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Contextualizing Sources on the First Day

Contextualizing Sources on the First Day

Earlier this week, Jennifer Sessions (of the University of Virginia) [shared on twitter] that she had modified the [first-day activity I do with students](centered on primary sources) to focus on secondary sources and the skill of contextualization. I was so taken by her adaptation that I asked her if she would write up what she did for this blog – and she agreed!  Here’s Jennifer’s explanation of her activity, and a link to the documents she used so that you…

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Teaching History Writing II

Teaching History Writing II

While I can’t offer a minute-by-minute account of what was said in our panel on teaching students to write history at #AHA20 on Monday, I can offer my take away moments – my ‘What I Learned From My Co-Panelists,” perspective. And I learned a tremendous amount. Let me start with Carolyn Levy of Penn State. Carolyn is a graduate student, and spoke pointedly (and poignantly) to the circular lack of writing instruction in higher ed. Most people who’ve entered the…

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Teaching Students to Write History

Teaching Students to Write History

I was lucky enough to be on a roundtable panel at the AHA about teaching students how to write history, with some seriously kickass writing folks. Here’s myself, Jennifer Foray (who was an incredible chair!), Kate Antonova, Kevin Gannon, and Carolyn Levy, right before everything began. I plan to write up a more comprehensive review of all the things we talked about (spurred on, in no small part, by the fantastic questions from the audience) – but for now, I…

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Teaching Pedagogy

Teaching Pedagogy

Many of you know that this past fall term I taught an undergraduate course called History Pedagogy.  So many of my students have headed off to graduate school in the past and found themselves thrust into classrooms without any pedagogical training.  After years of hearing stories about their experiences, I decided to get them started on thinking about teaching myself. This past fall I had twelve incredible students in the class whose interests ranged from elementary school to college to…

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More Thoughts about Grades

More Thoughts about Grades

Grading in its most traditional sense – a check mark on a blue-book exam or a comment on a paper – is something that bedevils most academics. It certainly bedeviled me before I made some big changes to how I approached it. I found grading tedious, time-consuming, and thankless, and it was only after reading about ungrading that I realized I had options, both in the design of assignments and the medium for feedback. I wrote about that realization [here]….

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The Art of the Draw

The Art of the Draw

On Monday, the students in my Introduction to Native and Indigenous History course read Julianna Barr’s William and Mary Quarterly article about mapping borders in the region currently known as the American southwest.  It’s a fantastic article, full of amazing detail about the ways in which Spaniards, the French, and Native people variously conceived of mapping, borders and territory, but it’s a lot for intro-level students to process. So I had everyone draw their response The students got into a…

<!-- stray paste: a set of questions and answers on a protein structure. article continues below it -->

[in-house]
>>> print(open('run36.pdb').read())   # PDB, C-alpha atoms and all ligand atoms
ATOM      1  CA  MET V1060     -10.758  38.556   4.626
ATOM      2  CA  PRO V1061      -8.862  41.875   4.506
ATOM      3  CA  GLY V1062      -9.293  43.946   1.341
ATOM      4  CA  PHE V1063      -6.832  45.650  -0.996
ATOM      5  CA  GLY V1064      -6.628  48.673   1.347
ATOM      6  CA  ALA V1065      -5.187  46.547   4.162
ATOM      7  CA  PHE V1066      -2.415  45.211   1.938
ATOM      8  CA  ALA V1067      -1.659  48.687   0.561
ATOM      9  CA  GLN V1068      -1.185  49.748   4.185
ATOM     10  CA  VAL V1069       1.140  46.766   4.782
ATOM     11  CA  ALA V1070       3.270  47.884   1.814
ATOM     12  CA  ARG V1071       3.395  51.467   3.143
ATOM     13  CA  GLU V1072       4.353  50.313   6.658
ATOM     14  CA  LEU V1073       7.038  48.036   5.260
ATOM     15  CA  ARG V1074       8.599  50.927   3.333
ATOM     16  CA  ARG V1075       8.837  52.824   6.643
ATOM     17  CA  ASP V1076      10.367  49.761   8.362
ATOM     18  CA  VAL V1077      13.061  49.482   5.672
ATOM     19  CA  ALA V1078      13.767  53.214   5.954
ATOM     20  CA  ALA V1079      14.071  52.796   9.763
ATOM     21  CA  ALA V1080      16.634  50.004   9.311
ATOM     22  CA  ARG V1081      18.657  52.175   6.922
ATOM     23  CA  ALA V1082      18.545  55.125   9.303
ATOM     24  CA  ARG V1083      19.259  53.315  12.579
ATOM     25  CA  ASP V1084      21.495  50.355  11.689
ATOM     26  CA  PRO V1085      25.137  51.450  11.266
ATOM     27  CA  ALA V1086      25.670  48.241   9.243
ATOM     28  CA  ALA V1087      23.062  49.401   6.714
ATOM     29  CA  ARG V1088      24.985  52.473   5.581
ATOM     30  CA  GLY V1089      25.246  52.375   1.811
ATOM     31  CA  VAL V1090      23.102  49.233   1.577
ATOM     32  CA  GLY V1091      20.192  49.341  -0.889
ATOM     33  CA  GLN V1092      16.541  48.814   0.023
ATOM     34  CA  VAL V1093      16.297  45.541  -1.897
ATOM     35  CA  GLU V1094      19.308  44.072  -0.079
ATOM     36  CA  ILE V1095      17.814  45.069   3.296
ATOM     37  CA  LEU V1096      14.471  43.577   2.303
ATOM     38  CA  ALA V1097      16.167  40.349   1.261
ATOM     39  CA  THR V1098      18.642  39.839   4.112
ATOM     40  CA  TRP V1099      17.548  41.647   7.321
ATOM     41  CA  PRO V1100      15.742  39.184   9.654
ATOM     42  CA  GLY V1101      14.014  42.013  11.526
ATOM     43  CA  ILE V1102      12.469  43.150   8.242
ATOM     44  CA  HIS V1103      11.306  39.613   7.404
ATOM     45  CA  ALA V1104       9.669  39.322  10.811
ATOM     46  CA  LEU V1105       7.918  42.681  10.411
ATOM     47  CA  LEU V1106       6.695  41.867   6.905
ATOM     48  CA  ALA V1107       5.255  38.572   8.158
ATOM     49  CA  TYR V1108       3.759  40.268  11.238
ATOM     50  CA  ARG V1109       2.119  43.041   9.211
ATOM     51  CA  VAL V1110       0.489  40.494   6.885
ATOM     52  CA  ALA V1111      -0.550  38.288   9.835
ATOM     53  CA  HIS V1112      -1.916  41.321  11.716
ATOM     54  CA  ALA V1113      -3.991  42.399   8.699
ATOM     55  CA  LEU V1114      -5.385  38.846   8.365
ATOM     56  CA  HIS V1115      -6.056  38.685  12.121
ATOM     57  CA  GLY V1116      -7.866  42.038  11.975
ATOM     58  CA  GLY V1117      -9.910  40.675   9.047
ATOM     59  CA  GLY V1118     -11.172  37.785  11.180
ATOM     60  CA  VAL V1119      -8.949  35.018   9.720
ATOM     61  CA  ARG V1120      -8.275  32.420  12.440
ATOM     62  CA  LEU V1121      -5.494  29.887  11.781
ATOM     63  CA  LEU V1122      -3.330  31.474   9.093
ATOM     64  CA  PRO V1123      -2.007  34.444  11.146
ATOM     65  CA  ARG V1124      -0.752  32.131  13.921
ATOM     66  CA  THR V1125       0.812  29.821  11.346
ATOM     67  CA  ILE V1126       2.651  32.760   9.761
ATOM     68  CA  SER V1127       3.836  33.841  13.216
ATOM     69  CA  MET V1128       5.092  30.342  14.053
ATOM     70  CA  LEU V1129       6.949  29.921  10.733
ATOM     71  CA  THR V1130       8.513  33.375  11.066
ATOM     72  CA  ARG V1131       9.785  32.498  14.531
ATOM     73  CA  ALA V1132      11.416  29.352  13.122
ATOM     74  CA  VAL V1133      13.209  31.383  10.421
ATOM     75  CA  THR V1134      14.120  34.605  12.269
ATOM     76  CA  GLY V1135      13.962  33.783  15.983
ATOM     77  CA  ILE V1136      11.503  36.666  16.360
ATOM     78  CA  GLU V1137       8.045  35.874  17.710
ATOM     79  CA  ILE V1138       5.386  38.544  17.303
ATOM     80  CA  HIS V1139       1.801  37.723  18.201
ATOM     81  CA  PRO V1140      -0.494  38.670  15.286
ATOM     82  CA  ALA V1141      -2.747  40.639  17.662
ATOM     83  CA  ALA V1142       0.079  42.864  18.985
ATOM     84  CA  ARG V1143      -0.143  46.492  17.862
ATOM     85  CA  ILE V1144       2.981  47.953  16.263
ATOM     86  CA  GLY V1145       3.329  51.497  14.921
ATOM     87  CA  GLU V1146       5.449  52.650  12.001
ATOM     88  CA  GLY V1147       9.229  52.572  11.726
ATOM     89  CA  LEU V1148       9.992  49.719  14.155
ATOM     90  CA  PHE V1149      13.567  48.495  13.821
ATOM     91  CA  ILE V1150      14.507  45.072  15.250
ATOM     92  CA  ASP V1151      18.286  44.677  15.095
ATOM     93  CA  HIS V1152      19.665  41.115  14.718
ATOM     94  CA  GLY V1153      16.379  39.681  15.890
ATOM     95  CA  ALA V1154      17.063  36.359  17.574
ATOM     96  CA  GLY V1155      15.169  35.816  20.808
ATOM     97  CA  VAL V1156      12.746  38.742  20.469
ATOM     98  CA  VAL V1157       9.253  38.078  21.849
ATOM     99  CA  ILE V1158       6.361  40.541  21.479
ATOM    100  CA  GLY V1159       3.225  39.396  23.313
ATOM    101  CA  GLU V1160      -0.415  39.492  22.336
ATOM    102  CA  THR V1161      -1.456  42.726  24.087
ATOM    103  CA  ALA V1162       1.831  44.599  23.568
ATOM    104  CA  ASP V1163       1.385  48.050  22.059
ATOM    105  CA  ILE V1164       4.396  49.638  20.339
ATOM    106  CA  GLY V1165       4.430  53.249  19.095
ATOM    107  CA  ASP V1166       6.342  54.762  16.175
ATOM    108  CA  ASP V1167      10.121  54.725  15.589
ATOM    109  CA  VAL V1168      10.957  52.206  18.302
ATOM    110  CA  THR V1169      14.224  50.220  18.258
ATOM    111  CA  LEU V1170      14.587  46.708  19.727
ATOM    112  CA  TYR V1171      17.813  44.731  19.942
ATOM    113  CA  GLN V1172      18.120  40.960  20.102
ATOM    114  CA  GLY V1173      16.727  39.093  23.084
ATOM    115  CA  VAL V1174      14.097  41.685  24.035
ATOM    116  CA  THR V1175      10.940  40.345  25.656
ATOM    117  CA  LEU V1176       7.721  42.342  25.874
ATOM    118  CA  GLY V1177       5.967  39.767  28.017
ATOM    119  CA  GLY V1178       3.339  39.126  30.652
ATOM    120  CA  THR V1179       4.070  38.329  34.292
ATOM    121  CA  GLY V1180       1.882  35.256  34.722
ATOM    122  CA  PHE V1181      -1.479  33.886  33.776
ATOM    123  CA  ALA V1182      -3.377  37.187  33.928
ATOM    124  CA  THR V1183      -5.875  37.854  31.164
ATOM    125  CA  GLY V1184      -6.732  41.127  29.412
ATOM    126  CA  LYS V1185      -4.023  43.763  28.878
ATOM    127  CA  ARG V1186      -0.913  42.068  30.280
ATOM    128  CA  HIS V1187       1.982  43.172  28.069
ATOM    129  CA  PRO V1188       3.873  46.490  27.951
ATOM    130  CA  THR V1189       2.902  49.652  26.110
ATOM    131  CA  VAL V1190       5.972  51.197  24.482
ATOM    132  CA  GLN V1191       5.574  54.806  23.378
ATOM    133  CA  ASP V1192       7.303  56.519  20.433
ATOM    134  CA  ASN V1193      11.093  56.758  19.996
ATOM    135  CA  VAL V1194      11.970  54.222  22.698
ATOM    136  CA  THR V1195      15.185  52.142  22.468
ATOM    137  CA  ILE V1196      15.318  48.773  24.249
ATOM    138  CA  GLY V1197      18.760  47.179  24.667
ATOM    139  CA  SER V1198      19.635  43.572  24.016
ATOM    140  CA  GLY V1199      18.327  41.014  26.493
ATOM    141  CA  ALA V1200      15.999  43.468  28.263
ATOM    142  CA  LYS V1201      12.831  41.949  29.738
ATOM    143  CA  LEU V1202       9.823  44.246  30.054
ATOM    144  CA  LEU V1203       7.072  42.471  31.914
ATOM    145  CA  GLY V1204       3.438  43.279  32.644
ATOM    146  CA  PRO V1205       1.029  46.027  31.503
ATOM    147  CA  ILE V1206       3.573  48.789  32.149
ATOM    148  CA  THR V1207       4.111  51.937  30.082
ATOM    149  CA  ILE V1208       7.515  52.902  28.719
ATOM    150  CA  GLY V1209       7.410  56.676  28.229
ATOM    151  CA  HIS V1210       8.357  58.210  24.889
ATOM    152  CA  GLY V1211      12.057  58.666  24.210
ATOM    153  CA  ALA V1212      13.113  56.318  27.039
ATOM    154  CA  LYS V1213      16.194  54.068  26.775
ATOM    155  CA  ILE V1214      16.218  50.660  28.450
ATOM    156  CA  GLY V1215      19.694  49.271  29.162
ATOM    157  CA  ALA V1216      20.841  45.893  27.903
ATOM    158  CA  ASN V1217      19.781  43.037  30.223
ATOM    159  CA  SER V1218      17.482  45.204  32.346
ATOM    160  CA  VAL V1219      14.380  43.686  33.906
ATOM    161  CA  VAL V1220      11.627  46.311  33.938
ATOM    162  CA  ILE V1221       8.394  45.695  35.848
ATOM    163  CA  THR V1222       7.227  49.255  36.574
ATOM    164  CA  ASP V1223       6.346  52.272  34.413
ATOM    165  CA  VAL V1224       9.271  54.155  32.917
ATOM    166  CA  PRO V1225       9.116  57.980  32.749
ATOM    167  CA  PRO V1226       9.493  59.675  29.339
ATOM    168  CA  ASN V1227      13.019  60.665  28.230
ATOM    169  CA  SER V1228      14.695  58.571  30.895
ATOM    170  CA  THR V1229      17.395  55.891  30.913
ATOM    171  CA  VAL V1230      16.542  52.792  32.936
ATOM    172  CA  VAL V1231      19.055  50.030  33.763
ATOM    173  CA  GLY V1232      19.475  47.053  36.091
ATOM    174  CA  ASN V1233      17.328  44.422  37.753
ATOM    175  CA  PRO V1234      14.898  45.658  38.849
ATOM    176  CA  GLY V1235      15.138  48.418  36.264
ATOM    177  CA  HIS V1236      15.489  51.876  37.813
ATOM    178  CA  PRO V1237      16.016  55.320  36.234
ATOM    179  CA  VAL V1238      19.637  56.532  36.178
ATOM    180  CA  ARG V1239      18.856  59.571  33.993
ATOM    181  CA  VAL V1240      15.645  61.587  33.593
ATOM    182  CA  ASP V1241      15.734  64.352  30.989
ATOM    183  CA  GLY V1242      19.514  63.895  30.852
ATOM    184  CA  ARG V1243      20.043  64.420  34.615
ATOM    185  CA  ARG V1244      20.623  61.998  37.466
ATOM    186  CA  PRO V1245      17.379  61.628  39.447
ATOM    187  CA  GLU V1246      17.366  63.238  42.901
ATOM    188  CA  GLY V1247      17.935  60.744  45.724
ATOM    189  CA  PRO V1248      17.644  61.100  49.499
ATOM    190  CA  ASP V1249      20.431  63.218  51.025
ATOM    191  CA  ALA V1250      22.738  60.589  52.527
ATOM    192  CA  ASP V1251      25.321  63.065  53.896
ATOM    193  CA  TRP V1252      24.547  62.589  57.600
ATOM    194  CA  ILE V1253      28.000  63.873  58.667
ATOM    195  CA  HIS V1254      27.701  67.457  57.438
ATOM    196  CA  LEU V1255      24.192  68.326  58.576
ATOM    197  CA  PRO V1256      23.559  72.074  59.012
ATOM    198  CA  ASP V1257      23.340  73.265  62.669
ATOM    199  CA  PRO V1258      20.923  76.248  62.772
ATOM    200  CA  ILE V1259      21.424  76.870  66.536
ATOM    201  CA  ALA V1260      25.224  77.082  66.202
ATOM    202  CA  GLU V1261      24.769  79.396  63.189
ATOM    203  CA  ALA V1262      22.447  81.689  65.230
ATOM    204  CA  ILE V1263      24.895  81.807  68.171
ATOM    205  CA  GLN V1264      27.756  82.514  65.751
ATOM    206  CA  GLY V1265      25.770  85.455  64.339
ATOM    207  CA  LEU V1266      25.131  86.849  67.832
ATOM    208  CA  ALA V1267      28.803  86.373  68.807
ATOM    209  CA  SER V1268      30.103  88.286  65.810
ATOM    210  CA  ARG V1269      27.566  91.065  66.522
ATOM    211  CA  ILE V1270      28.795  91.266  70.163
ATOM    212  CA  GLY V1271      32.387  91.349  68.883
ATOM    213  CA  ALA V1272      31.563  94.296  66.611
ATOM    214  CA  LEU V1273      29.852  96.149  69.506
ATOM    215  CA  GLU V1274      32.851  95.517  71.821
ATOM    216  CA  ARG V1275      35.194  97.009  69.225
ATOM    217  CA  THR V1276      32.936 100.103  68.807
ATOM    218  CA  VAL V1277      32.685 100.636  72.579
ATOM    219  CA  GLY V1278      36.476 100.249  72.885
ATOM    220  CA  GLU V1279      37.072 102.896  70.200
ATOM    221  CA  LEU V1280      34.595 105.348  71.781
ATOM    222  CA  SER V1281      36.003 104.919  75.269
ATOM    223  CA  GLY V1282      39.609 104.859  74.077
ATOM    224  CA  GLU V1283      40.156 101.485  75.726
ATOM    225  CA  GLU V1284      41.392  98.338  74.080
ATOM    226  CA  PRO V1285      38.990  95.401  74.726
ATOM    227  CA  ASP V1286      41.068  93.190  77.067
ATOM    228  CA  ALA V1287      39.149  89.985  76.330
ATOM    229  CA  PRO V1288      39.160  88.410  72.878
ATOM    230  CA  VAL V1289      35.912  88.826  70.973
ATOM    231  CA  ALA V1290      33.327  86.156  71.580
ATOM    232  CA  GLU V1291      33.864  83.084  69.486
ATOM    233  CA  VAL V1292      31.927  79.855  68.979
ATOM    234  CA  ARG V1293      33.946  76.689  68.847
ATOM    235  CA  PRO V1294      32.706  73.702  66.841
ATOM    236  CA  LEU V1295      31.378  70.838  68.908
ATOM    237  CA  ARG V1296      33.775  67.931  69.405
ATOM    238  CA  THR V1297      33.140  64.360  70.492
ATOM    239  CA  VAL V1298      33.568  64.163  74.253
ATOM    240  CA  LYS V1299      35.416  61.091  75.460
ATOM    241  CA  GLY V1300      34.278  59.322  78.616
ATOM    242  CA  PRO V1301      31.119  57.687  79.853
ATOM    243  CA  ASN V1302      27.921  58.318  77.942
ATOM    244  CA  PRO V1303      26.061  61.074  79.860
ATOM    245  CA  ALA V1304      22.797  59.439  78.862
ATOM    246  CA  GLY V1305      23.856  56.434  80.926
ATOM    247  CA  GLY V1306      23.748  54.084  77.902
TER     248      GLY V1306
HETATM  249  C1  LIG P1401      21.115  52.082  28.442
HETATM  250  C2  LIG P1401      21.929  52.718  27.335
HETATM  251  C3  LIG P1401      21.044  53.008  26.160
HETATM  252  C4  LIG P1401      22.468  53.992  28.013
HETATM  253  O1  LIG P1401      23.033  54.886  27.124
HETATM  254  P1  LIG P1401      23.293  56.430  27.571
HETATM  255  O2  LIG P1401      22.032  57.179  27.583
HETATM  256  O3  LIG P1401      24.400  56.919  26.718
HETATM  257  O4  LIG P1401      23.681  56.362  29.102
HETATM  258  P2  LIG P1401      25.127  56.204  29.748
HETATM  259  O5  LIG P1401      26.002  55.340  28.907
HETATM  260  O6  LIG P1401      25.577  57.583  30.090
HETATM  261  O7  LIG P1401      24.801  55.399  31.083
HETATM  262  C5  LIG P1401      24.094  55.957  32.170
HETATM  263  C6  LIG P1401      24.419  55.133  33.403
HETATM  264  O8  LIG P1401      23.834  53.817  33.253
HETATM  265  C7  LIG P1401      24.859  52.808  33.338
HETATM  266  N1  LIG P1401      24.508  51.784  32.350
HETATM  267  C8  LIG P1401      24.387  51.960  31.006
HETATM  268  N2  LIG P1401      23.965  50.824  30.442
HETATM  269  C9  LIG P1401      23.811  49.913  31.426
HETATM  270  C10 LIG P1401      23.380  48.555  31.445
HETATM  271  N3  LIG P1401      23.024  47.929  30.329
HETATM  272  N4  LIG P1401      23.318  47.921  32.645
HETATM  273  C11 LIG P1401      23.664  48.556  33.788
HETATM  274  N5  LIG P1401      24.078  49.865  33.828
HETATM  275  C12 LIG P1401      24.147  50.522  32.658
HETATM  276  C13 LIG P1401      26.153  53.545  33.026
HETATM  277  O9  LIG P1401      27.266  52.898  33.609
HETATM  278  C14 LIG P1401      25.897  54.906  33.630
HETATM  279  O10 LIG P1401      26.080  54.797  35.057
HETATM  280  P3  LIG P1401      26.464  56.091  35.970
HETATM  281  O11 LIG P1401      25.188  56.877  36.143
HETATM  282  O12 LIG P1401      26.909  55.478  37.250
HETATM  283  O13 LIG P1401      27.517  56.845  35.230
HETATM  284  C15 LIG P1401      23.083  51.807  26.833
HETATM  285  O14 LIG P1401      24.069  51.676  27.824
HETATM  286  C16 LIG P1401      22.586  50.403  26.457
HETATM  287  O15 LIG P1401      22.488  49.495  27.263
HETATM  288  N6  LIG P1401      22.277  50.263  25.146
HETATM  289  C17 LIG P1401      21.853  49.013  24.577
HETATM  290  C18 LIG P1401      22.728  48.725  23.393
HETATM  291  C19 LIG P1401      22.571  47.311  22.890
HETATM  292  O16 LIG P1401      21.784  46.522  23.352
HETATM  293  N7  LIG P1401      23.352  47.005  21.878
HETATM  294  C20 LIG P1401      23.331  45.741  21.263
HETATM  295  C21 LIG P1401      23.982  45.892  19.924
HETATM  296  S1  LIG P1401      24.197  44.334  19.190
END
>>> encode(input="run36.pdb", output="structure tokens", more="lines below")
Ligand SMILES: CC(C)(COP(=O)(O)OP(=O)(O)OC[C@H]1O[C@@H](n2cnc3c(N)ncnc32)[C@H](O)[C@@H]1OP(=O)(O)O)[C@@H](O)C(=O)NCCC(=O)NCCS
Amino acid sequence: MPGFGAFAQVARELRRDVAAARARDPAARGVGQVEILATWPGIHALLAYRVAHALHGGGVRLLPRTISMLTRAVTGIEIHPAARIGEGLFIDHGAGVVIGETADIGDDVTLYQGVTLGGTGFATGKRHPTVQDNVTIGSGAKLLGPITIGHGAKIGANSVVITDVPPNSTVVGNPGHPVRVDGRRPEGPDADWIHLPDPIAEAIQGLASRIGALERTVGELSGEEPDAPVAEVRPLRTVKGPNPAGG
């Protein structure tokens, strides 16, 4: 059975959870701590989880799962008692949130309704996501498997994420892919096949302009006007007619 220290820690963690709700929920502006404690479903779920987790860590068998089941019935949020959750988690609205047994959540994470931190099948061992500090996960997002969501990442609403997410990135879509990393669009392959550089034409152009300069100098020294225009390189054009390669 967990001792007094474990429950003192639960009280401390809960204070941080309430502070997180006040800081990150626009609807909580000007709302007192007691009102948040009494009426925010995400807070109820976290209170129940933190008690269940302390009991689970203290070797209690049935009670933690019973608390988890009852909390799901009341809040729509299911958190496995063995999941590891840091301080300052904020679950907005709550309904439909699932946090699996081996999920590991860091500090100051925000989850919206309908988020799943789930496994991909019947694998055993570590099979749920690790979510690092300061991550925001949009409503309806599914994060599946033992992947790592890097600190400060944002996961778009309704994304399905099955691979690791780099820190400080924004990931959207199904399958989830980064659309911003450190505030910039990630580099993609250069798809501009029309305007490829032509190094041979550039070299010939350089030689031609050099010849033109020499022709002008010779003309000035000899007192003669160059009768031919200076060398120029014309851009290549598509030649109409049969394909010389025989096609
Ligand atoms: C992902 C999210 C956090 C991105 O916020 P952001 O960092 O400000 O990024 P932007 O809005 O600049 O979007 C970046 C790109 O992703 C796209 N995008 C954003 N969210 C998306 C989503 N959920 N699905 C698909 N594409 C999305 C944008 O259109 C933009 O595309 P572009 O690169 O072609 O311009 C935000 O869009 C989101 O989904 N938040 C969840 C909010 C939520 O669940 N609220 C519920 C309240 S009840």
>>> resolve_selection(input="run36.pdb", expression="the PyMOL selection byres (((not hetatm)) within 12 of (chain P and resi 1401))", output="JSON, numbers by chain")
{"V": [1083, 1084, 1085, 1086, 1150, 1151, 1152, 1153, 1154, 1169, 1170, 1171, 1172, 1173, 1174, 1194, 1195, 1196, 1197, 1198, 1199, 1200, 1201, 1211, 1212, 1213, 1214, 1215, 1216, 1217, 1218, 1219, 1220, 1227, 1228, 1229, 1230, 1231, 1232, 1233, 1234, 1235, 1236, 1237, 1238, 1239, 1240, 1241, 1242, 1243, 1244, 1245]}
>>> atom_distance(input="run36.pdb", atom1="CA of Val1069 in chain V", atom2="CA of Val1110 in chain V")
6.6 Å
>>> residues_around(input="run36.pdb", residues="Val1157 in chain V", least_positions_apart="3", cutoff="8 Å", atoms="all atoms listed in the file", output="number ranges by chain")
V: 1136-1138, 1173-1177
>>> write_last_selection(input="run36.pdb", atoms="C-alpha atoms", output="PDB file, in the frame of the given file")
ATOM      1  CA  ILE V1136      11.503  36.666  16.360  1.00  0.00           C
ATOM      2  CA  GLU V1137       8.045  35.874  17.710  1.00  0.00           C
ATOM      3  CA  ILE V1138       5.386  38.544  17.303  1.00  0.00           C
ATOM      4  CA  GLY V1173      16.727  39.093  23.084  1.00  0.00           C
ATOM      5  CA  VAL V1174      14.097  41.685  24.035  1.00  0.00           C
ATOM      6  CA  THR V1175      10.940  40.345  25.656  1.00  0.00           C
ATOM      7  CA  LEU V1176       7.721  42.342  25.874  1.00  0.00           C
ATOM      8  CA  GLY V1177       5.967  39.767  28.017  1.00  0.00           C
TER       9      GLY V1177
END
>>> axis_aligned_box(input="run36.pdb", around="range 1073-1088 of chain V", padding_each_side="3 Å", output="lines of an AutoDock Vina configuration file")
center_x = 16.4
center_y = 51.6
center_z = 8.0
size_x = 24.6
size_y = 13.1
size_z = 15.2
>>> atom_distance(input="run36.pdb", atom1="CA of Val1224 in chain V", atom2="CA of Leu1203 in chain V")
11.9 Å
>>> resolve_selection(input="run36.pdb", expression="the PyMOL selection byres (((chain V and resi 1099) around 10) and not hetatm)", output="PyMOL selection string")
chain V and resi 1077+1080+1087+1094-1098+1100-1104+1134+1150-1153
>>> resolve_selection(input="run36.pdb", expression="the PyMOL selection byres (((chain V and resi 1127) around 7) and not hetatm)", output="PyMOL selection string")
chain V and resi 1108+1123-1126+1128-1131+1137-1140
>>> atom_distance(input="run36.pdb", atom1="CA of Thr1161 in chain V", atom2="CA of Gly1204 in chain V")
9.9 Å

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Curiosity

Curiosity

If you, like the students in my undergraduate History Pedagogy course, are reading Josh Eyler’s How Humans Learn, you’ll know that curiosity is a human want that it’s worth harnessing if you want to be a good teacher. Want is perhaps too weak a word – Josh suggests that curiosity is a need, a hallmark of being human, and while children have it in spades, we get more distracted (or jaded?) as we grow older. The research suggests this is…

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Ethics and Tech

Ethics and Tech

We probably all know, to some degree or another, that our data is constantly being harvested by tech companies. Those companies track us across the web, and monetize the information they have on our browsing habits, selling our data to advertisers and other corporate interests. Some of this data is information we quasi-choose to give away (by having a facebook account, perhaps, or wearing a fitbit) but much is extracted from us without our knowledge. (Did you know that facebook…

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Planning our Teaching

Planning our Teaching

This pinned post will be updated with links to other posts as I make them.  Walk through your semester/quarter/term with these ideas for teaching: Thinking: What Do Our Syllabi Really Say? Thinking: Academia is Ableist Thinking: Dis/ability Thinking: Hunger is an Educational Issue FAQ: Content Warnings Thinking: Strong Emotional Reactions Thinking: Where Do We Stand First day exercise: What Do Historians Do? First day exercise and more sources: Revisiting the First Day First day exercise: The Social Identity Wheel Teaching:…

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Sources in Conversation

Sources in Conversation

SOCC (Source, Observe, Contextualize, and Corroborate) is my [favorite approach to teaching students the practice of primary source analysis]. It offers a [simple], easy-to-remember structure students can apply in class or out of it, individually or in groups, for the purposes of formative assessment or a formal grade. Yesterday, Jennifer Sessions (a historian of French colonialism at the University of Virginia) asked if there was any way to make the use of SOCC more complicated as the semester progressed. Particularly…

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